From Southern California, public radio for your eyes.

Hollywood Boulevard in the 70s

It was 1971. The Lakers were headed to their first title in Los Angeles. Charles Manson was sentenced to death. Jon Shaft made it known that he was a bad mother. And Ave Pildas roamed the boulevard.

Hollywood Boulevard.

Today, the neighborhood is overrun with buskers in superhero outfits, but 40 years ago, real Angelenos wandered the sidewalk with the stars under their feet.

Back in 1971, Pildas walked out of his job as an Art Director for Capitol Records with the hope of pursuing a career as a photographer. The photos offer a glimpse into the character of the iconic Los Angeles thoroughfare at a height of it's strangeness. 

Pildas spent two years walking up and down Hollywood Boulevard taking photos of the homeless, the star obsessed, the old ladies and the prostitutes that all walked the same street.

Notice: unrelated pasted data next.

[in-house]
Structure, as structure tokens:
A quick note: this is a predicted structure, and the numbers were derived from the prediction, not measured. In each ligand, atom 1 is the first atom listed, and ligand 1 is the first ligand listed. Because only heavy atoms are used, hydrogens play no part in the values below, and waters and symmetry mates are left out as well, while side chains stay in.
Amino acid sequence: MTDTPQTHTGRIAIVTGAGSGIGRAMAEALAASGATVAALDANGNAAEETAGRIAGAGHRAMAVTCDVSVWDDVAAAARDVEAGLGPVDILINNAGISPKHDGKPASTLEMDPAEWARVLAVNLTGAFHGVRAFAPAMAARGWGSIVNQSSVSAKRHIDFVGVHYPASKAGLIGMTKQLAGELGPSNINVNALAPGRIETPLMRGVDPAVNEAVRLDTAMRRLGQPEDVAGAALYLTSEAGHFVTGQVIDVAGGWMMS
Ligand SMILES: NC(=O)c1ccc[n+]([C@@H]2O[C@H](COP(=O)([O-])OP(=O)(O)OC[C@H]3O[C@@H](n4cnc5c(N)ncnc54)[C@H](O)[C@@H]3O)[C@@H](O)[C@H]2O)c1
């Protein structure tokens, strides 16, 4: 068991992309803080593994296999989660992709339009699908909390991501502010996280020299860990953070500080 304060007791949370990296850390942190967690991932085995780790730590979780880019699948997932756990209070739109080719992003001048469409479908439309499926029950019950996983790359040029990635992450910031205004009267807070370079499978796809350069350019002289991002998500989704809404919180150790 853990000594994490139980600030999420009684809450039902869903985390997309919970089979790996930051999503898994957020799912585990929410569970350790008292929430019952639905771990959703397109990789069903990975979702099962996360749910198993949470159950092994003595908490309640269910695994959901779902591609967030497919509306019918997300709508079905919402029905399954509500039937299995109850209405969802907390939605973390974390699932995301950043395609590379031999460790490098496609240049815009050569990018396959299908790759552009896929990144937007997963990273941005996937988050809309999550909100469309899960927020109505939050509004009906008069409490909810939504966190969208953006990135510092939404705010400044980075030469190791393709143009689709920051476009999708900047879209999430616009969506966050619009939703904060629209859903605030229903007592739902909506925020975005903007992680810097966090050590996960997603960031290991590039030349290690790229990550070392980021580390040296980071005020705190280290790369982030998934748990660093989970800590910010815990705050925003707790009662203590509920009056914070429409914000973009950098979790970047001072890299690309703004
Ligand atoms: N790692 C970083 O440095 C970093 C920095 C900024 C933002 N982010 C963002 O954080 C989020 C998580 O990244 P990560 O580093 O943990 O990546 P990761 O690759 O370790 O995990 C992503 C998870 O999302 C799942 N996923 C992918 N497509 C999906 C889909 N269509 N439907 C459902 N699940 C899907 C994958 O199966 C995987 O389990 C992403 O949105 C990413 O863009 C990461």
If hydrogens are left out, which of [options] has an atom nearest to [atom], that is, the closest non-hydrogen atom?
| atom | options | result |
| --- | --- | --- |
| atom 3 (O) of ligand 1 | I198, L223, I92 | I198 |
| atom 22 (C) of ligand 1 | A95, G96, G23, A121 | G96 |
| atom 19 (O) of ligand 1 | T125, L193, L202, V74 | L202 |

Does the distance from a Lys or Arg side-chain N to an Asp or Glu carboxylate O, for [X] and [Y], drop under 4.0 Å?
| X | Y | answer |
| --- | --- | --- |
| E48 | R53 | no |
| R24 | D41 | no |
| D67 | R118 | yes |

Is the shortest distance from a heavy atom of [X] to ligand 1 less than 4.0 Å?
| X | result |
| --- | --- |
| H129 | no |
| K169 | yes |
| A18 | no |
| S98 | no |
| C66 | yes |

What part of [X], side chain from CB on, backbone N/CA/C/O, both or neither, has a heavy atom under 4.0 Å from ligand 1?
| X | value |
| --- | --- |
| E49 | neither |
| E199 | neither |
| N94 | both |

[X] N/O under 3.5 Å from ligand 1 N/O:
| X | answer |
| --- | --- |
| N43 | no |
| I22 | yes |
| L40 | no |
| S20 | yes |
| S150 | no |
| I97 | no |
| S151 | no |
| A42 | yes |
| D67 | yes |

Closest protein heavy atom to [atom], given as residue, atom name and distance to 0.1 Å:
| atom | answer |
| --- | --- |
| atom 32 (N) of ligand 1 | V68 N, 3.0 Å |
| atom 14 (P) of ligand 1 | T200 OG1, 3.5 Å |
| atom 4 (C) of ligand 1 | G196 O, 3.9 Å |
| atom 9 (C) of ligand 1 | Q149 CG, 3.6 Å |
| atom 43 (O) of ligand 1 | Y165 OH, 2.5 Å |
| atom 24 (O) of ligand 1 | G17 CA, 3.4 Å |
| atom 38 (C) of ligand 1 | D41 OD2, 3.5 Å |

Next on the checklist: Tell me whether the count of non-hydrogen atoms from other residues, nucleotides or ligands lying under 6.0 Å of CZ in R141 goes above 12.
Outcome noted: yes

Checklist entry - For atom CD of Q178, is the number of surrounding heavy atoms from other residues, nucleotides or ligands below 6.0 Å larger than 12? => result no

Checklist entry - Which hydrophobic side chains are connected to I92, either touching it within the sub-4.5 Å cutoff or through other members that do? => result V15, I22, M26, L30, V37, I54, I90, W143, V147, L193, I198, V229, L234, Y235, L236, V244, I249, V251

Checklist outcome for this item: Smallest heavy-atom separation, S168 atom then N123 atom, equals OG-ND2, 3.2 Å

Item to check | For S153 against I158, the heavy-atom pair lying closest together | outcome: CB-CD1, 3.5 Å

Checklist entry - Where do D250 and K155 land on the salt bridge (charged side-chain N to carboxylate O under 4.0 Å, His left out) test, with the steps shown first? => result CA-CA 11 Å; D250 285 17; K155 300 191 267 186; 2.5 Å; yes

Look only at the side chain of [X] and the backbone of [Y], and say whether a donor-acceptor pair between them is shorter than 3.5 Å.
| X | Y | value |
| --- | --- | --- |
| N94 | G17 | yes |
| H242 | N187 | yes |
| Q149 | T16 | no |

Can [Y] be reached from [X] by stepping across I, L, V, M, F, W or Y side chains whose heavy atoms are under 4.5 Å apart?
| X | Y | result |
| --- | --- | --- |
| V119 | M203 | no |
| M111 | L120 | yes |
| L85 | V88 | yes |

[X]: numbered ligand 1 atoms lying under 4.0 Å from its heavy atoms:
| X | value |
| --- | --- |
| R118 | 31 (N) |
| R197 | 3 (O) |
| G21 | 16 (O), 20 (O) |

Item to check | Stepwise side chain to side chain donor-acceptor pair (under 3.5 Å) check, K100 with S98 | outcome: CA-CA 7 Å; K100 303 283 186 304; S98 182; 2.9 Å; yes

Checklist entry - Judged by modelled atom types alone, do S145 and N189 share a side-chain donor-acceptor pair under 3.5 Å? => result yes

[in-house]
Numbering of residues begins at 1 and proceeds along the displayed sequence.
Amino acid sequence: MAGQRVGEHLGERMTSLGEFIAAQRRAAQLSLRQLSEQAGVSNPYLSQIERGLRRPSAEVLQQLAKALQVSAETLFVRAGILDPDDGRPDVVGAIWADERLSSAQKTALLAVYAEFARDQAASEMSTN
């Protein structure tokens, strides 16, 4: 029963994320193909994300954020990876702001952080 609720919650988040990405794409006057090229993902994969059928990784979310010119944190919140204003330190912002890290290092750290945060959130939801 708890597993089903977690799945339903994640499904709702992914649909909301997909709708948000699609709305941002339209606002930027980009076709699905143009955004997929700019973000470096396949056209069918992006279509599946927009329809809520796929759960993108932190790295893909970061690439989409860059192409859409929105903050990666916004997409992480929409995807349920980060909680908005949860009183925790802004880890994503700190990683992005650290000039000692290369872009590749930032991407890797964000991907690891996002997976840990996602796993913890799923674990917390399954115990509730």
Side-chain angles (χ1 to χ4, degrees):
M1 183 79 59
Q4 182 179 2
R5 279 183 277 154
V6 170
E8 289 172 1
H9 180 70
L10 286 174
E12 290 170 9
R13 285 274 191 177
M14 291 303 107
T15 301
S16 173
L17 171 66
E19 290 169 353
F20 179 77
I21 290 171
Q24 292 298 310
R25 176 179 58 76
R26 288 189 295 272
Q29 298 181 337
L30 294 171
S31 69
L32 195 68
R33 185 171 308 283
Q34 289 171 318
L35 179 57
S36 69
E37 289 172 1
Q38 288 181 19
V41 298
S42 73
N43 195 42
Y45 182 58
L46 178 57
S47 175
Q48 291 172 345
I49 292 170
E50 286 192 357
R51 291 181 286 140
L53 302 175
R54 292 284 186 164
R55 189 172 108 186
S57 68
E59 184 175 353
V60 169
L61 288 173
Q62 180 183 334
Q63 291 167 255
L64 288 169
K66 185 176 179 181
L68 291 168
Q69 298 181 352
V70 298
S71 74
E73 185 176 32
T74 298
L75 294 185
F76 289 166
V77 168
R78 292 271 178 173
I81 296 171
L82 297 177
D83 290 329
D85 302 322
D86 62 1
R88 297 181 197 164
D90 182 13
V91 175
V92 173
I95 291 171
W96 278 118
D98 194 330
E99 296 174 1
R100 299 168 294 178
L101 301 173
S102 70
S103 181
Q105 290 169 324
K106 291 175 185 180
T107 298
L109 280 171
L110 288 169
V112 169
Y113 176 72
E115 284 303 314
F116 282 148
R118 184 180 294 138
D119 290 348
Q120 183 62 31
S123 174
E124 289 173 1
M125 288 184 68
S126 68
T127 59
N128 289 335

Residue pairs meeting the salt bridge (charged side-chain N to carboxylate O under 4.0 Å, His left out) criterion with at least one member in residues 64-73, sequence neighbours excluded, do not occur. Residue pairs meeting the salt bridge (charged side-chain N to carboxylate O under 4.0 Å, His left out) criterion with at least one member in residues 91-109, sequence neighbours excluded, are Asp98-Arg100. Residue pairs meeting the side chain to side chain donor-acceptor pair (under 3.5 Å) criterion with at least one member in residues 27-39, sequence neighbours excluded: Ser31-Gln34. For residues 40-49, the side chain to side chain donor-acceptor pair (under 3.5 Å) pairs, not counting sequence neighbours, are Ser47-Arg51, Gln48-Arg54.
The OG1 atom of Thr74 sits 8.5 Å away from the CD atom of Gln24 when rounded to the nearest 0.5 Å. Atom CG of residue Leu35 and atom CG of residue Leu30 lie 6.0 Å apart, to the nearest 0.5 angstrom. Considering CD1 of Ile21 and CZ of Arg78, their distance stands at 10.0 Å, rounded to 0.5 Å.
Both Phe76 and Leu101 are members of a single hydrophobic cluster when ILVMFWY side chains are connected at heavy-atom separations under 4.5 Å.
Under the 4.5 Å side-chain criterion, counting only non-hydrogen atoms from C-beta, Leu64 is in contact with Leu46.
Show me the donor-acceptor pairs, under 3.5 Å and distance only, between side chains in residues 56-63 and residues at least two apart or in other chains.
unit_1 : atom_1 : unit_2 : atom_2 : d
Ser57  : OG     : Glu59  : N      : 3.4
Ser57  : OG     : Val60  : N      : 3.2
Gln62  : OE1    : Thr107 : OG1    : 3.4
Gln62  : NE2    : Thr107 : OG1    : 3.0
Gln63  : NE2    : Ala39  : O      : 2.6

"At that time people were saying the country was tilted to the West and all the crazies rolled towards California," says Pildas. "They stopped just short of the ocean and landed in Hollywood."

Pildas roamed the streets all year, but was especially fond of Halloween, when revelers dressed up as pimps and even members of the KKK. It was definitely a different time.

Although Pildas was formally trained in Swiss design, he developed an early love for photography in the '60s when he photographed jazz legends like Thelonious Monk, John Coltrane and Dizzy Gillespie for Beat Magazine.

Today, he's recognized as a renowned photographer, but hasn't been as drawn to the Hollywood Boulevard scene.

"Now the storefronts are plastered with signs and merchandise," says Pildas. "In the 70s the backgrounds were shops from the 30s so the architecture made for good backgrounds."

Today you can still find Pildas' photos in L.A., but his work is more abstract. He likes to take hundreds of photos of the same place over the course of a few hours and make grids with his findings.

Pildas as also produced books about American movie theaters and Art Deco architecture in Los Angeles.

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